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I Was Just Thinking: Natural Hair/Ancestral Guru Cleanses South Dallas Confederate Cemetery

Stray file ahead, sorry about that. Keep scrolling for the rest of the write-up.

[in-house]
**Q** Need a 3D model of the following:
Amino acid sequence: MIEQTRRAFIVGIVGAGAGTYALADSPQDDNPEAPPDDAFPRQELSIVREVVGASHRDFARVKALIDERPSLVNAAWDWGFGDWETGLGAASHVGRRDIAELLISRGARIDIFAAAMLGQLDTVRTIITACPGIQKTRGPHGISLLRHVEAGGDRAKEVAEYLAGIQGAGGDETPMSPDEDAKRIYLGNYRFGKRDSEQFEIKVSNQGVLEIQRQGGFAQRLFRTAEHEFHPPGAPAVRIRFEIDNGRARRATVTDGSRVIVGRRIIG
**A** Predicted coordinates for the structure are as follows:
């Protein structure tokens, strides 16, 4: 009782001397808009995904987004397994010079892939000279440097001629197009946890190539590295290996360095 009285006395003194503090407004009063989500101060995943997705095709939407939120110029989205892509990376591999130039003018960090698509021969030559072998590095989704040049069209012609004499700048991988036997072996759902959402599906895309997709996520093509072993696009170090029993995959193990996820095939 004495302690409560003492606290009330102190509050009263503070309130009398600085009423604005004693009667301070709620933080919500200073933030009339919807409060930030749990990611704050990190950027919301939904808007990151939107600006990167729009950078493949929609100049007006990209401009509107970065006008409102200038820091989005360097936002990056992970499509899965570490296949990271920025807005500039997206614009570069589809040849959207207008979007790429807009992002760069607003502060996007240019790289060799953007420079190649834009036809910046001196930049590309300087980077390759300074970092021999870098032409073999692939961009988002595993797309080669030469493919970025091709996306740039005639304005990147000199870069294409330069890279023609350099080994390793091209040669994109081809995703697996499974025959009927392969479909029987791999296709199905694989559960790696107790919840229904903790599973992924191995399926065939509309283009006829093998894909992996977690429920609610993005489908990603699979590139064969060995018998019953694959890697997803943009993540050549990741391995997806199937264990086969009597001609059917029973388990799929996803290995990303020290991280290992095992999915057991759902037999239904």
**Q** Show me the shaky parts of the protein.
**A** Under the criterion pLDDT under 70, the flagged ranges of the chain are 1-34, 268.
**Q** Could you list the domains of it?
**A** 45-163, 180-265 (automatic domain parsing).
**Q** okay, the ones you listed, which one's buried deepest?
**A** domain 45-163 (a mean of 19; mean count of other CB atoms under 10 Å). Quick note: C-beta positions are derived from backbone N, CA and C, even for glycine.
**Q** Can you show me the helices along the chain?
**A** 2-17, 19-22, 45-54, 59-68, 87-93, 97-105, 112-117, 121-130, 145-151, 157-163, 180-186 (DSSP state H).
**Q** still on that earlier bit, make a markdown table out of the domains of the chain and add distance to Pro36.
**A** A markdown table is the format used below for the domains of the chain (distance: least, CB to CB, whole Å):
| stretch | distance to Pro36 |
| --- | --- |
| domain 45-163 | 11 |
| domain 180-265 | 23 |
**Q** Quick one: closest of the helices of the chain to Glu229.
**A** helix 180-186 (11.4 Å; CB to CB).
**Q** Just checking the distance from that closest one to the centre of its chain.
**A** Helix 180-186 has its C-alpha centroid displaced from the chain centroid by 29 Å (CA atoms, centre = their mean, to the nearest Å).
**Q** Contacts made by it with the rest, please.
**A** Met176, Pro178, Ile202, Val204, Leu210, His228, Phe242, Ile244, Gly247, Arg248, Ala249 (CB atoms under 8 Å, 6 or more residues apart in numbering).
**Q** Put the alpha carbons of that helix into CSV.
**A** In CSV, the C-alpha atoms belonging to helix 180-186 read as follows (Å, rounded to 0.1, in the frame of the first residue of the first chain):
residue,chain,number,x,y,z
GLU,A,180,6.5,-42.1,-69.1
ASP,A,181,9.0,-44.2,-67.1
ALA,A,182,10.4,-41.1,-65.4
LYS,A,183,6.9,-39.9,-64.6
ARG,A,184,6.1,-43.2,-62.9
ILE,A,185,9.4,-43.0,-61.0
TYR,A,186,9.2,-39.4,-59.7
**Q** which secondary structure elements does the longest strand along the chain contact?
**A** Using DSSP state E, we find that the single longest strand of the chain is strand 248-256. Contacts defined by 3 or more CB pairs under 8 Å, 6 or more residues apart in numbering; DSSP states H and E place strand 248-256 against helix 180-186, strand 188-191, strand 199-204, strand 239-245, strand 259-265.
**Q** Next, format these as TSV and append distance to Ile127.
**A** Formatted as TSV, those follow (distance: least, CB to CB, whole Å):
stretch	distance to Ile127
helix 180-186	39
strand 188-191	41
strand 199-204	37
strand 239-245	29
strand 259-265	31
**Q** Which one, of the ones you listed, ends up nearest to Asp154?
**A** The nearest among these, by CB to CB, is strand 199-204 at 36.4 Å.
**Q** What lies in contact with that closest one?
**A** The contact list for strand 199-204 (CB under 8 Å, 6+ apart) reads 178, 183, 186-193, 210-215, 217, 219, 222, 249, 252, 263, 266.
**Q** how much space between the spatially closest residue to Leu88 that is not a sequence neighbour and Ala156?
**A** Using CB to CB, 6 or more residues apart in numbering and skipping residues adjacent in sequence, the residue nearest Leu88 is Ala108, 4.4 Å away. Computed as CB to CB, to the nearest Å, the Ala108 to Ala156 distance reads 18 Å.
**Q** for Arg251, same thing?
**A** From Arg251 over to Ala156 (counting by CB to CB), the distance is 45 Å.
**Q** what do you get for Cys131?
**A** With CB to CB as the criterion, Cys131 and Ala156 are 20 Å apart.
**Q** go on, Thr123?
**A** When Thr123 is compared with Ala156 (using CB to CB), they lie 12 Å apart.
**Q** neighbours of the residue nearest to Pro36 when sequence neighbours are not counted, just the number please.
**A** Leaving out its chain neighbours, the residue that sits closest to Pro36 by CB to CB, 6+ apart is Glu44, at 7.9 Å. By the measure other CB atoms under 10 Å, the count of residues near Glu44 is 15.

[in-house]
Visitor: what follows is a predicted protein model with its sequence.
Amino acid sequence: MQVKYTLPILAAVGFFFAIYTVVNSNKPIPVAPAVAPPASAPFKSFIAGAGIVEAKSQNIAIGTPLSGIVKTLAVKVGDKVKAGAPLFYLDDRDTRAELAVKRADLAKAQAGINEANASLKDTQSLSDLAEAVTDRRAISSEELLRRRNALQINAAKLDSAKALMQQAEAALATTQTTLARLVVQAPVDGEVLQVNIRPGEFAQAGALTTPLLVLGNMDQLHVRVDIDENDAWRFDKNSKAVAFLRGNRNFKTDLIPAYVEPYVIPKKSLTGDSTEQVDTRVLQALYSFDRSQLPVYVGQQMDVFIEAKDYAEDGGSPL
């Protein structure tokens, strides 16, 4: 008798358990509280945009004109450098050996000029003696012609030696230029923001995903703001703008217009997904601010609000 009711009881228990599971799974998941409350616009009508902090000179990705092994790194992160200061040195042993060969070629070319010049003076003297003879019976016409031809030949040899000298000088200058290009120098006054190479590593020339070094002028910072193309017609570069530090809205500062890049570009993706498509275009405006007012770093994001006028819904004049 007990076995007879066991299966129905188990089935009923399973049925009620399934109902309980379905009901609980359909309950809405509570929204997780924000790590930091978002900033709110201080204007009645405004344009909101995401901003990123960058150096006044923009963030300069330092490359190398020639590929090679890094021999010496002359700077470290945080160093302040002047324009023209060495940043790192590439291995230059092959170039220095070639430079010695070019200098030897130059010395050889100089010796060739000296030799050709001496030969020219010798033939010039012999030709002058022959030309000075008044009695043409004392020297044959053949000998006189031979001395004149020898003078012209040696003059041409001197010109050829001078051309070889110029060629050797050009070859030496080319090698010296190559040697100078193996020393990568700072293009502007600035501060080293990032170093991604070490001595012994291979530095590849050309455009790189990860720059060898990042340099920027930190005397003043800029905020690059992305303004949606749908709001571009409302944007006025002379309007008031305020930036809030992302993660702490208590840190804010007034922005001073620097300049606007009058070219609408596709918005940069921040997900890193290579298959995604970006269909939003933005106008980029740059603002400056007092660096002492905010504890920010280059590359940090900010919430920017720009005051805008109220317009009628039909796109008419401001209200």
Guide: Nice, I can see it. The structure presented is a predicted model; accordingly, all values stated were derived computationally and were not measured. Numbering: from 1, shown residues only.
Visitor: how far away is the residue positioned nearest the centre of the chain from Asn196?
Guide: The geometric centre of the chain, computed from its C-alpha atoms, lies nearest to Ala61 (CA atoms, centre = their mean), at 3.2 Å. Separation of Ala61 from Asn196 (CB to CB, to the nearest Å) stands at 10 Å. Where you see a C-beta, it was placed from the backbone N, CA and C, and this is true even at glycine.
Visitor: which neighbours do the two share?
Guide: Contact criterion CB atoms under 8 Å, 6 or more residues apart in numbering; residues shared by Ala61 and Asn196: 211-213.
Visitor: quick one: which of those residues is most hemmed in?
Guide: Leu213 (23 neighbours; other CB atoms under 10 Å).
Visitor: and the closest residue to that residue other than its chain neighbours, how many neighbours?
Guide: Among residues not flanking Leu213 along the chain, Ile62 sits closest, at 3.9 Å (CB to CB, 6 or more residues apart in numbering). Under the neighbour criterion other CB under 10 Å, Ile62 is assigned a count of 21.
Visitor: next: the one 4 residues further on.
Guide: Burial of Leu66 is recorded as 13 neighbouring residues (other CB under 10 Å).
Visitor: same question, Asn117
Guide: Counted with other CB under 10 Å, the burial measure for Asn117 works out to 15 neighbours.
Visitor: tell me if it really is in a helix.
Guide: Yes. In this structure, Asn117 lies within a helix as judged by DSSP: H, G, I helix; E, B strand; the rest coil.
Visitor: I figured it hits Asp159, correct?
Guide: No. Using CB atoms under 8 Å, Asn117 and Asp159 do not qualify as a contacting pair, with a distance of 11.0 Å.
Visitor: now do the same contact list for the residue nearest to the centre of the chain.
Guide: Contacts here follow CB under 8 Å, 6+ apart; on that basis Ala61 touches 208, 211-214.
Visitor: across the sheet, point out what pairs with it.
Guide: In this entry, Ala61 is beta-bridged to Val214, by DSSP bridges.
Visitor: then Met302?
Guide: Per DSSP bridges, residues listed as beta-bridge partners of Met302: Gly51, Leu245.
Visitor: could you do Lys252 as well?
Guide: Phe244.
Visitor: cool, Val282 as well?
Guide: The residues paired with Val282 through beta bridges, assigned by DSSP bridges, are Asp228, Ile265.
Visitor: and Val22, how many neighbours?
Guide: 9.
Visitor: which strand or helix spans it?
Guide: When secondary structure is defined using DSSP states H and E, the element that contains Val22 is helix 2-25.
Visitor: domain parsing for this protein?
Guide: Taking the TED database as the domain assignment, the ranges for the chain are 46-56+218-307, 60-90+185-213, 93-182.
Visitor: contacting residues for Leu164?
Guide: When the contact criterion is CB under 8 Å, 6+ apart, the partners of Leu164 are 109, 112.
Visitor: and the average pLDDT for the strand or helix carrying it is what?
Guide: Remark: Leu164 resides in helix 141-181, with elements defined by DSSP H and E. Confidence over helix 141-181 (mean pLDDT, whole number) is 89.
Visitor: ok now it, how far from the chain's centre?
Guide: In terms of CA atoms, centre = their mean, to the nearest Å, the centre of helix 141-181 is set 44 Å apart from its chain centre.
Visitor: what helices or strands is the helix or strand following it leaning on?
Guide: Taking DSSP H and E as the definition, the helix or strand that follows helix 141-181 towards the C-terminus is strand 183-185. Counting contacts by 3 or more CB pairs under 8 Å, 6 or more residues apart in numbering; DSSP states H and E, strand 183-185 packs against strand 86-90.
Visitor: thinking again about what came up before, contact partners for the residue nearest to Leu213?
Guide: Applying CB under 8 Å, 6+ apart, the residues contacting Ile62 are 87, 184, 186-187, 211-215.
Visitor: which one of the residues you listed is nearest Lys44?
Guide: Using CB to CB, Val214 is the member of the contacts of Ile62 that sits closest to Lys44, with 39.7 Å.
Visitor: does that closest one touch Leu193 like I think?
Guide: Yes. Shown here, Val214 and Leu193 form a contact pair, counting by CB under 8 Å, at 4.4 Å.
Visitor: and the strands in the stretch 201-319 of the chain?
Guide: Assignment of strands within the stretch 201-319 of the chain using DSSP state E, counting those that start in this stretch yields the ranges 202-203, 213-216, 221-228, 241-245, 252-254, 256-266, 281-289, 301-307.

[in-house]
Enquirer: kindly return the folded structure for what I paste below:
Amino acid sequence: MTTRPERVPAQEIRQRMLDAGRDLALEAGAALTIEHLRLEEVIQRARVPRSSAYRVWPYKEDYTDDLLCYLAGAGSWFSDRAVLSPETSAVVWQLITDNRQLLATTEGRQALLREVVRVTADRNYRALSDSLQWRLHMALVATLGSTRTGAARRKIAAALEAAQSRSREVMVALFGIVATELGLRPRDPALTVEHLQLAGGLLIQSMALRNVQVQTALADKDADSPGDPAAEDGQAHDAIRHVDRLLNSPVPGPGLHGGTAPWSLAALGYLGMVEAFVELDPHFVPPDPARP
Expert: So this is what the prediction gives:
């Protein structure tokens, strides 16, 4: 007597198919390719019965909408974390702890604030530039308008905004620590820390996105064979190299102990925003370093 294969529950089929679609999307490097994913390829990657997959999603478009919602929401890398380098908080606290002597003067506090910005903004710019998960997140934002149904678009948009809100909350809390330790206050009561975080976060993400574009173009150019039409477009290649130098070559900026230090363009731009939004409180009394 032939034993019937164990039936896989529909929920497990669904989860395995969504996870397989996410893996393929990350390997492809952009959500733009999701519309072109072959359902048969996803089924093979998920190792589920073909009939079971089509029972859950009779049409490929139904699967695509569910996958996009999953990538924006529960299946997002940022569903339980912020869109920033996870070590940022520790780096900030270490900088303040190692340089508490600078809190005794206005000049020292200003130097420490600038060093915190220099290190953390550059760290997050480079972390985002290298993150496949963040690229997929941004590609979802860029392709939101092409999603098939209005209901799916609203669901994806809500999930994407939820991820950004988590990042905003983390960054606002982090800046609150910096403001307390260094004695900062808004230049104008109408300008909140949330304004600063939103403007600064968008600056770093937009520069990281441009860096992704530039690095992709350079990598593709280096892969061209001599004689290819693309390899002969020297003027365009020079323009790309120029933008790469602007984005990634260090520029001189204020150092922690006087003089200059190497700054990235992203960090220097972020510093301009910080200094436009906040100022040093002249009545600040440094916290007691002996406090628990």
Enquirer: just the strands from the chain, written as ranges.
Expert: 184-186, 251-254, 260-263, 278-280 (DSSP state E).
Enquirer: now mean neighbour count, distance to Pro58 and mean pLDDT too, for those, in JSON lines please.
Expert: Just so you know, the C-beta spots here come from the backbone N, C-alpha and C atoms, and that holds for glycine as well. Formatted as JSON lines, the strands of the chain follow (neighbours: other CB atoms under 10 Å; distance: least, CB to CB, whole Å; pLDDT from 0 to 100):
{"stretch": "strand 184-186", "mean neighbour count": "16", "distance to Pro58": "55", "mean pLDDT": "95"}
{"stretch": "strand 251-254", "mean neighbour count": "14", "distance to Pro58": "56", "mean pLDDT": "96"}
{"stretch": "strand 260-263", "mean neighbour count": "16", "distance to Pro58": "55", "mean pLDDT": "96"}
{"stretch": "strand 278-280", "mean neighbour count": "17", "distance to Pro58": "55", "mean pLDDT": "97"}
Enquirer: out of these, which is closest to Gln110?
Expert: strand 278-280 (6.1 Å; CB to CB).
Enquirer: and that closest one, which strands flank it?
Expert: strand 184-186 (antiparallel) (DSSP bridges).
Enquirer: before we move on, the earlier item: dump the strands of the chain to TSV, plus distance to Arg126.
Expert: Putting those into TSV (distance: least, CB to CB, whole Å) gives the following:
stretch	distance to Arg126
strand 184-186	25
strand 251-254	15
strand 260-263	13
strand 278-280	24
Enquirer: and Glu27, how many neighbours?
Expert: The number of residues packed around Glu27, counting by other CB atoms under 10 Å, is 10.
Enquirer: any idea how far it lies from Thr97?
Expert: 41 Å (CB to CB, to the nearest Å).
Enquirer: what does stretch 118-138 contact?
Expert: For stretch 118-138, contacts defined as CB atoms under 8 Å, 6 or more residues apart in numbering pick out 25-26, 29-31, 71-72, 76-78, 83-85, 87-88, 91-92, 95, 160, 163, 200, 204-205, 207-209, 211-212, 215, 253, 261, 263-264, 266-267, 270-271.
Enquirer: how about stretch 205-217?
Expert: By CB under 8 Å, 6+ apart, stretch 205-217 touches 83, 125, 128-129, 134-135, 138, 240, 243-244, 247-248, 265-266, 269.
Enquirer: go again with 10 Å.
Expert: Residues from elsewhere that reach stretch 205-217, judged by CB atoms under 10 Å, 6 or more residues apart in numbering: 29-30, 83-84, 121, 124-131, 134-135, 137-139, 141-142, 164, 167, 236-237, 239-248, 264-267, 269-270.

By Norma Adams-WadeColumnist Isis Brantley is better known for blazing trails with natural hair than engaging the moon to bring peace in a South Dallas/Fair Park Confederate Cemetery. But Brantley–one of, if not, Dallas’s leading natural hair care salon and training school owners–is not known for walking away from a challenge with good cause. The hair care and African ancestral guru has taken on the task of informing a South Dallas community and the public about what she sees as the need to cleanse and transform any negativity that may still linger in a small, overlooked Confederate cemetery in the predominately African American area. The long-standing but little-known site is the Confederate Cemetery at 4225 Electra St. between Reed Lane and Pine Street in this South Dallas/Fair Park neighborhood. With no identifying nameplate for years, many locals speculated that it was a pet cemetery. The site’s origin is linked to the Dallas Chapter of the United Daughters of the Confederacy, a women’s organization that helped wounded and needy Confederate soldiers during the Civil War and whose parent body formerly organized in 1894. Currently and in recent years, the Daughters group has spoken against racist acts and rhetoric and attempted to set a conciliatory tone while sustaining its purpose to honor their Southern ancestors who members say bravely fought to preserve their land and economy during the war. Brantley said she would welcome a public conversation with group members. Meanwhile, she said she plans to do a cleansing rite at other Confederate cemeteries in traditionally African American neighborhoods once she completes researching their locations. “I accidentally ran across it (the cemetery) while in the neighborhood visiting my aunt,” Brantley said. “I really never noticed it before but it caught my eye this time.” Brantley, aside from using her innate natural hair skills, has studied and trained in African ancestral ceremonies and spiritual rites. She said the cleansing idea came after she and a friend walked over and looked at the cemetery. Various headstones showed that some of the confederate soldiers and their families who were buried there had been born as early as the 1820s and were buried there in the early 1900s. She said she thought about the irony of a confederate cemetery in a now predominantly African-American community considered to be middle-to-low-income. She said she thought about how society currently is awakening to the injustices that still linger from the Civil War and the South’s attempt to break away from the Union to preserve the Southern way of life that included the institution of slavery. She said the May 25th killing of George Floyd, a Black man by an Anglo police officer in Minneapolis was an example of a lingering aftermath of slavery and oppression. So, she took it upon herself to rally a small group of friends and relatives for a spiritual cleansing ceremony, called “smudging,” designed to rid a space of negative energy and bring peace and healing. She chose the date and time: 8:30 p

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